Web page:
troublemakers


the family housing block always fell silent for a few hours after lunch; during the hot beijing summer, afternoon naps helped pass the roughest time of day, leaving more energy for activities after sunset.

but i wasn't accustomed to daily naptime, and neither was the other us-raised kid visiting her grandparents on the ground floor of our apartment stack. so when everyone fell asleep, we met in the courtyard, tiptoeing and whispering once we learned how much sound carried.

the empty lot next to our building held a stack of coal two stories high; all through the year, a few cartloads at a time would be added for the winter stash. we were strictly banned from playing in it, so of course we did, carefully walking up the sides without stirring up black dust onto our clothes. later, we'd rinse our legs and hands and wipe smudges off our faces.

what i didn't notice, though, was that the coal dust worked its way into my sandals, coating the bottoms of my feet so i'd carelessly leave black footprints in the entryway between changing my sandals for house slippers. of course i'd get scolded, of course they'd call my mother back in new jersey and tell her what i got up to when everyone was asleep.

there were some things they didn't report home, though; the times i'd ride on the back of my aunt's bicycle when she'd drop me off at my wushu lessons on the other side of campus, or the time she let me take her motorcycle around the block for laughs, or the times the other american kid and i confessed to missing lunch because we had snuck into the undergraduate dorms to hang out with college kids.

i can't imagine what i would have done in college if a couple of fifth graders caught a door wedged open for the smokers and casually walked into the first room occupied by people having a good time.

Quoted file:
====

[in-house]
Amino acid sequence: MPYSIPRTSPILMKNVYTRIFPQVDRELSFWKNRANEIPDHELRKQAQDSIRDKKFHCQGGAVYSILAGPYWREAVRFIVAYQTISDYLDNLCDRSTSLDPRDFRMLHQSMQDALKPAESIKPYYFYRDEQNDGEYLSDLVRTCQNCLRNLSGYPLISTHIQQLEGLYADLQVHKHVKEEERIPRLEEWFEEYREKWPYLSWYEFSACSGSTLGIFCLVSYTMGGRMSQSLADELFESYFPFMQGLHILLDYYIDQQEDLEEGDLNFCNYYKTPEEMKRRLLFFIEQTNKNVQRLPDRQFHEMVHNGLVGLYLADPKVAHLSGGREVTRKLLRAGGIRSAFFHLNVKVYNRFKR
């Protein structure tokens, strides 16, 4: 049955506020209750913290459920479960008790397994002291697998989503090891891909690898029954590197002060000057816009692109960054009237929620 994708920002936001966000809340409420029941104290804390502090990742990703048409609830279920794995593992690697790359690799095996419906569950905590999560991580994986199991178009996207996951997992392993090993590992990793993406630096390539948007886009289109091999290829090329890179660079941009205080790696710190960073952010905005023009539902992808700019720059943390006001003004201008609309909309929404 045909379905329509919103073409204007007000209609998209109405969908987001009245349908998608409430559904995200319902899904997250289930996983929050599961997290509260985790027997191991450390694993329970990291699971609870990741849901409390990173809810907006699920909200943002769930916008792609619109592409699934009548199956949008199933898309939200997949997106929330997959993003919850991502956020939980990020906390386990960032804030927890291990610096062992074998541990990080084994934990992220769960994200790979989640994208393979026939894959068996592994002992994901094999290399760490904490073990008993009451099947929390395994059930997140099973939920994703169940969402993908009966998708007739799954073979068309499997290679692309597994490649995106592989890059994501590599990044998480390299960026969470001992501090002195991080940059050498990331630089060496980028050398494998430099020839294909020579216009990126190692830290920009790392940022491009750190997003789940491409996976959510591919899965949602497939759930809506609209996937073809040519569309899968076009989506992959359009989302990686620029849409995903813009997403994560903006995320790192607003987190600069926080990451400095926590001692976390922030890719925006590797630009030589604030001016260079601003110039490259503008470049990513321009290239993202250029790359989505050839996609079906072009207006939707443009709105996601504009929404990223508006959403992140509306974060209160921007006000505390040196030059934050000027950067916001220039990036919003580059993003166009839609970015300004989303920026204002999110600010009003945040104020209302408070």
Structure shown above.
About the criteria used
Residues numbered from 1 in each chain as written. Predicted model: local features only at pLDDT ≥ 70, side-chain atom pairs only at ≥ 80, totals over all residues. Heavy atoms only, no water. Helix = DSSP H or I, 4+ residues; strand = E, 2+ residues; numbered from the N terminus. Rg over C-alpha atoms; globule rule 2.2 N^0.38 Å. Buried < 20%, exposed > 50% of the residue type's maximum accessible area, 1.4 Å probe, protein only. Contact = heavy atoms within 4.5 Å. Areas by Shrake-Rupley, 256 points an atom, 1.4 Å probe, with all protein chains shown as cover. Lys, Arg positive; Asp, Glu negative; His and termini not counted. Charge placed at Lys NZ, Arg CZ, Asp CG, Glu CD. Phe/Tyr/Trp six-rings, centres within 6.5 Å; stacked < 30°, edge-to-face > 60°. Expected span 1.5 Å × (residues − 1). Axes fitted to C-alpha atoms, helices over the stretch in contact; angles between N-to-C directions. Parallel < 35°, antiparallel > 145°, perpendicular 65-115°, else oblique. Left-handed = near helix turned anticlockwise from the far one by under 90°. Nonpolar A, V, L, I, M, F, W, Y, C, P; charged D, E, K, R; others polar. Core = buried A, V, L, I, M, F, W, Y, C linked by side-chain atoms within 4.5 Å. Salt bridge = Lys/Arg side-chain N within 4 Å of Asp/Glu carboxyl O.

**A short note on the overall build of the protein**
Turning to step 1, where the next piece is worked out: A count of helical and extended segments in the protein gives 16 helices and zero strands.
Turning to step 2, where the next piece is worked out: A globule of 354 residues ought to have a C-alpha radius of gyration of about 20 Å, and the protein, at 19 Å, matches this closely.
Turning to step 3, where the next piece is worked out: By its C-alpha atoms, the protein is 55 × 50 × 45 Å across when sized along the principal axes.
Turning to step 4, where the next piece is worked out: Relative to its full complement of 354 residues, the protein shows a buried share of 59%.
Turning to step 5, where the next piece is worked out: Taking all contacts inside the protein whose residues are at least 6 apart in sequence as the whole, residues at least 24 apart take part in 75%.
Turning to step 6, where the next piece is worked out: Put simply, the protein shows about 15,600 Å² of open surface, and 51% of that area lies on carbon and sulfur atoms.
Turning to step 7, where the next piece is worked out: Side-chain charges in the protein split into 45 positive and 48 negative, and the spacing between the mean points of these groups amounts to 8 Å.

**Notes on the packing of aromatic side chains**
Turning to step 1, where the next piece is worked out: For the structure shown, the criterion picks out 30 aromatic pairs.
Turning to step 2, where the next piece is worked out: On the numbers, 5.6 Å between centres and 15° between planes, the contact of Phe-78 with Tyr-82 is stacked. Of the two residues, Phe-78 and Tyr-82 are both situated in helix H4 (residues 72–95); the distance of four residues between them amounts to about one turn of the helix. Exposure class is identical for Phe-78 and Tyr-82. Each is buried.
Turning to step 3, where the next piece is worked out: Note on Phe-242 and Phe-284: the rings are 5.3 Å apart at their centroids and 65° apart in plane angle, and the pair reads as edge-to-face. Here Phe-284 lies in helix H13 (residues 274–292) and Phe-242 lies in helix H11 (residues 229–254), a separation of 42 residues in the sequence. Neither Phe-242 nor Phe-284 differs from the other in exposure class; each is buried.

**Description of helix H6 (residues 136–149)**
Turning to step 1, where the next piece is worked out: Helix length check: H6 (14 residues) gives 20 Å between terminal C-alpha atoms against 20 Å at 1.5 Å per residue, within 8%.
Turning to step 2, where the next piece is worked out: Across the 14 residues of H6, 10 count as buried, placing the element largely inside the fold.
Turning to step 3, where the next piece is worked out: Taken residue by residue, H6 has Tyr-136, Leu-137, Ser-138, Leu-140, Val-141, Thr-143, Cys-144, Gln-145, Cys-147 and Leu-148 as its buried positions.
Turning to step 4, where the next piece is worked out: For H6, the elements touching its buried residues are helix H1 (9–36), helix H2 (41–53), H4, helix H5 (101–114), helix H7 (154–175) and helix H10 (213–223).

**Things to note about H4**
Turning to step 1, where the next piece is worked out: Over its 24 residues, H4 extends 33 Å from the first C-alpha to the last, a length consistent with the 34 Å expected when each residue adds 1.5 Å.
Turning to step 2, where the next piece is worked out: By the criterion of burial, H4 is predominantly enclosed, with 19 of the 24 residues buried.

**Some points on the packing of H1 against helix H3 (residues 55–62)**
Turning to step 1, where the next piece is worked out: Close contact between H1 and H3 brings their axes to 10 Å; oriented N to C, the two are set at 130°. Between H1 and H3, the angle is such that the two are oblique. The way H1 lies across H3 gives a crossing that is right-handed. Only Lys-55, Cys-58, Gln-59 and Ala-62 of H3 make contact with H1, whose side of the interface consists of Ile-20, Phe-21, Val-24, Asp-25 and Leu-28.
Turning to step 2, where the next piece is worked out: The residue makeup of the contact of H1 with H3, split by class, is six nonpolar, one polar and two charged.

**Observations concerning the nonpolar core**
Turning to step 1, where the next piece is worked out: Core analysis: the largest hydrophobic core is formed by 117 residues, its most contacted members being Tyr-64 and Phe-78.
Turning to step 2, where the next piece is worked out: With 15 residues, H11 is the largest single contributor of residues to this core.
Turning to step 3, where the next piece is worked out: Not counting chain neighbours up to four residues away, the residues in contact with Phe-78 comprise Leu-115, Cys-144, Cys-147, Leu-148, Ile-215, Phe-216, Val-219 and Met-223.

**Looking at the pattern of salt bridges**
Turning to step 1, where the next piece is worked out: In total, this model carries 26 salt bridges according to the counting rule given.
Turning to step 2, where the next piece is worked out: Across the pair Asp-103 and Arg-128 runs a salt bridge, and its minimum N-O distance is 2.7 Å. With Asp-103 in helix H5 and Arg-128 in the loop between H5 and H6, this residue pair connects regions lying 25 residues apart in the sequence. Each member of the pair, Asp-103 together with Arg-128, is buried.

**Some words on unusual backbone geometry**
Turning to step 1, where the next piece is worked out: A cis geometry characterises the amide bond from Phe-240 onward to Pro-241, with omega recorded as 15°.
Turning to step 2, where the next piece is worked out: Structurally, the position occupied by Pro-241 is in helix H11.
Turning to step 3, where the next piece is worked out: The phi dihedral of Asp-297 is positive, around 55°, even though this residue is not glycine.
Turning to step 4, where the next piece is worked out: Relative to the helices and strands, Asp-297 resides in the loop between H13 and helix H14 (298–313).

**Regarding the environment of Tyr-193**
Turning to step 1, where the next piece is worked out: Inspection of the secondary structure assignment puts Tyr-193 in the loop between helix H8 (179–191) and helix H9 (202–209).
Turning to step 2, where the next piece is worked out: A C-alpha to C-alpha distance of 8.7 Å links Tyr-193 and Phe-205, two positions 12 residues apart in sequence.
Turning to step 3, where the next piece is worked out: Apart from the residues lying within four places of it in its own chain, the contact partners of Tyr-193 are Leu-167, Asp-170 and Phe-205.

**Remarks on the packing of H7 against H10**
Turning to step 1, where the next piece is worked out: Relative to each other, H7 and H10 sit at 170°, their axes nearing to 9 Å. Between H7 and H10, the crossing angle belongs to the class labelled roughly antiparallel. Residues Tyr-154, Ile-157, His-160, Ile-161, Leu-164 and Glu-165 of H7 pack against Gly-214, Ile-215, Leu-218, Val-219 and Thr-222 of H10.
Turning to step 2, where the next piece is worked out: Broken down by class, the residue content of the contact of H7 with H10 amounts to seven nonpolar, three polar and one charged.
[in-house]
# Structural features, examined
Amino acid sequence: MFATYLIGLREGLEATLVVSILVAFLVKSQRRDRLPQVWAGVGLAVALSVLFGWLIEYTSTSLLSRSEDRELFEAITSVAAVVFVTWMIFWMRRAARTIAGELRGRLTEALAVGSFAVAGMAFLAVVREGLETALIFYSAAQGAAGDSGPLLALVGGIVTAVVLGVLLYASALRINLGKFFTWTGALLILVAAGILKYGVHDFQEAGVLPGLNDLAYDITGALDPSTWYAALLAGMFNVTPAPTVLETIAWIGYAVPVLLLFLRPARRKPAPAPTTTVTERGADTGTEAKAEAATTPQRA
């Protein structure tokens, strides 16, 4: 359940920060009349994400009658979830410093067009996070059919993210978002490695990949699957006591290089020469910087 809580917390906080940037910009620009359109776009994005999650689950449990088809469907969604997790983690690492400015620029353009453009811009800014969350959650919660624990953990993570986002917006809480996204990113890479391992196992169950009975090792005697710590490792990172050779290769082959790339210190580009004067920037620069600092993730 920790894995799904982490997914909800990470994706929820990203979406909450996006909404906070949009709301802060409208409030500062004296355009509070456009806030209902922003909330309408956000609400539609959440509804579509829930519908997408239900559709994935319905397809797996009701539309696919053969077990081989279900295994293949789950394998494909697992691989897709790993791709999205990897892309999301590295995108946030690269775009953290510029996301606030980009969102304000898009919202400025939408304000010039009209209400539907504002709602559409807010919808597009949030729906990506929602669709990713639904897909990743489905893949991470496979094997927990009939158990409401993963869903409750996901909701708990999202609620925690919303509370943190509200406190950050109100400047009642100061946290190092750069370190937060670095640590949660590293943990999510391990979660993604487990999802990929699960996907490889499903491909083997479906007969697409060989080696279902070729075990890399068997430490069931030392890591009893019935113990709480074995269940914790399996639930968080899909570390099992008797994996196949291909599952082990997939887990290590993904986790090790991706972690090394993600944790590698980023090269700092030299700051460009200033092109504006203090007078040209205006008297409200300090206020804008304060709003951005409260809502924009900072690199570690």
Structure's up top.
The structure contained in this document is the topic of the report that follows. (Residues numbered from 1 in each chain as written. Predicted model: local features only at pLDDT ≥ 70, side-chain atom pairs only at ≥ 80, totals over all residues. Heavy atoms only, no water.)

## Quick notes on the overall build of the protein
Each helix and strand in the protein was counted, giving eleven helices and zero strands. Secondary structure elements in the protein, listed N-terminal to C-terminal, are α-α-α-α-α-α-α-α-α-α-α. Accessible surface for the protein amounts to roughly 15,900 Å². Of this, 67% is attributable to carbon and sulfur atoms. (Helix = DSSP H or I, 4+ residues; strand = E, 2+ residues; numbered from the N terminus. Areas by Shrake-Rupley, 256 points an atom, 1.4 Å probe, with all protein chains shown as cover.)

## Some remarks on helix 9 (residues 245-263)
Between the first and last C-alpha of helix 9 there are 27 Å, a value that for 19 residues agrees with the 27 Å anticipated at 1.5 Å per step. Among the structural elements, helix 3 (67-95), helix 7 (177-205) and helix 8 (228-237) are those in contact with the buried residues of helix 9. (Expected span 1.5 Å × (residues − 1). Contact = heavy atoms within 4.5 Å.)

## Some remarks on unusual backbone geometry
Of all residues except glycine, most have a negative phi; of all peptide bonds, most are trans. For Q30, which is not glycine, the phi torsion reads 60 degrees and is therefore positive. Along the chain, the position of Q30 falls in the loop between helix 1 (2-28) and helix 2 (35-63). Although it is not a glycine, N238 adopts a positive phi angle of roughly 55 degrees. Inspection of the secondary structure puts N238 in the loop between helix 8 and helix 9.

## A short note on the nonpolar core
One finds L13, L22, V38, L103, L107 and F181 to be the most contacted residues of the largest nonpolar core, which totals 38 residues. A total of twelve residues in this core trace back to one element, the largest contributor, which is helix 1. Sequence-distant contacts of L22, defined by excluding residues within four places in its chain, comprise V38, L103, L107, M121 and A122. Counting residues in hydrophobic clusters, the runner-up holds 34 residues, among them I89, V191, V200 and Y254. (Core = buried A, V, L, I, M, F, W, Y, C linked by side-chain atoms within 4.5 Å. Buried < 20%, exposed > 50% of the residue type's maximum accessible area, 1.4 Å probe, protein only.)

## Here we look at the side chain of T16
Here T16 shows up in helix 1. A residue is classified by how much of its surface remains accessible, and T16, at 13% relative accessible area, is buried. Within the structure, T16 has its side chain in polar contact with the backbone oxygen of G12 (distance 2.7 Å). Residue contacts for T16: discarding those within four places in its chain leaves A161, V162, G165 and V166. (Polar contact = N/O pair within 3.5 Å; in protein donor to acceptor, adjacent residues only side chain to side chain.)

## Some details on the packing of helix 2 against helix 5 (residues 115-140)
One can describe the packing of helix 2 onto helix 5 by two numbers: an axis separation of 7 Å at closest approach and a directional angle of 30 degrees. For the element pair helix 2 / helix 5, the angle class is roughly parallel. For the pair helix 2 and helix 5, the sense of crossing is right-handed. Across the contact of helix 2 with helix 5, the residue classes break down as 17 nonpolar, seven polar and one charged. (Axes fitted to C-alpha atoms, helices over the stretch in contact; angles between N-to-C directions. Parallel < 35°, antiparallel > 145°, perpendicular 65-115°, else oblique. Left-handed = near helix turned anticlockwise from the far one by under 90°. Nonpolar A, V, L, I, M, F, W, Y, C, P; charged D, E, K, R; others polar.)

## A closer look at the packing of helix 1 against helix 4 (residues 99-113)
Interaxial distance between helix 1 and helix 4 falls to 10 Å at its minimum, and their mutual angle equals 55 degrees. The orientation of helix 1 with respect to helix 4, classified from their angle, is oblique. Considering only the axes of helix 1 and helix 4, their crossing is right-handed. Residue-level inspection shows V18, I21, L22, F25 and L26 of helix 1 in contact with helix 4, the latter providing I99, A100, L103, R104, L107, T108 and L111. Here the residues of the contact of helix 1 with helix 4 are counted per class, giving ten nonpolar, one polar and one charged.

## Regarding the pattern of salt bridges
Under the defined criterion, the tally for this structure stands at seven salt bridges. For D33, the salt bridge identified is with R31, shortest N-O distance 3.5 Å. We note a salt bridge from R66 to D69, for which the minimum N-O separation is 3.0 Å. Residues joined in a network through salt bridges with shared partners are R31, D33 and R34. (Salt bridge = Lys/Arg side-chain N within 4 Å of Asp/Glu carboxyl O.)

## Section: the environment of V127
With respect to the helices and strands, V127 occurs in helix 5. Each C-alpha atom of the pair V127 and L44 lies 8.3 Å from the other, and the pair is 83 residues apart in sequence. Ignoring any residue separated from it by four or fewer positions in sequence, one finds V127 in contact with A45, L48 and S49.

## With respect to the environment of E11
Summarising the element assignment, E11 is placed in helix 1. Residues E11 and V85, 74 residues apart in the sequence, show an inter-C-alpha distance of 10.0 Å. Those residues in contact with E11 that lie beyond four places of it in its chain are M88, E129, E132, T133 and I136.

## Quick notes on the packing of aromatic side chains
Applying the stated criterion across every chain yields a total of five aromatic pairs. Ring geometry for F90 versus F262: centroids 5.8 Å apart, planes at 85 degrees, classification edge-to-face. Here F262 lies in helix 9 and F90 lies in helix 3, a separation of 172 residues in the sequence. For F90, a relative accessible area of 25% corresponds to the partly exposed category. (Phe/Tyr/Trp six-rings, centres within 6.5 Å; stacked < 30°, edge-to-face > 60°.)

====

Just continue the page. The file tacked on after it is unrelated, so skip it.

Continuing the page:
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17 March 2018 15:31


sand


my mother tells this story to anyone who hasn't heard it. at age eleven, we stepped out of the beijing international airport, and i screamed, dropping the handle of my suitcase to whip my hands over my face.

'what is this? what's this stuff getting into my eyes? i can't see!'

my aunts and uncles who came out to meet me for the first time, they laughed. 'is this what an american is? it's just wind, child.'

i remember a dry heat blasting me, sand that the wind dragged across the continent burrowing relentlessly against my skin. everything sought water, the moisture of my breath, my mouth, my eyelids; dry things stuck to wet things. that's how it worked. i put on sunglasses. decades later, i'd learn about desertification, china's massive terraforming projects that drained rivers and crumbled landscapes. later, i'd stand on a spit of land protruding from the empty quarter, marveling at how it could be simultaneously humid from the arabian sea and arid from a chalky earth that resisted water.

my mother, who grew up between the dirty dense crush of humanity within beijing's walls and the desolate northern steppes, still laughs when she tells this story to her friends, of a child she raised in a land so lush and clean that being blinded by a summer windstorm caused an existential crisis.

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16 March 2018 20:02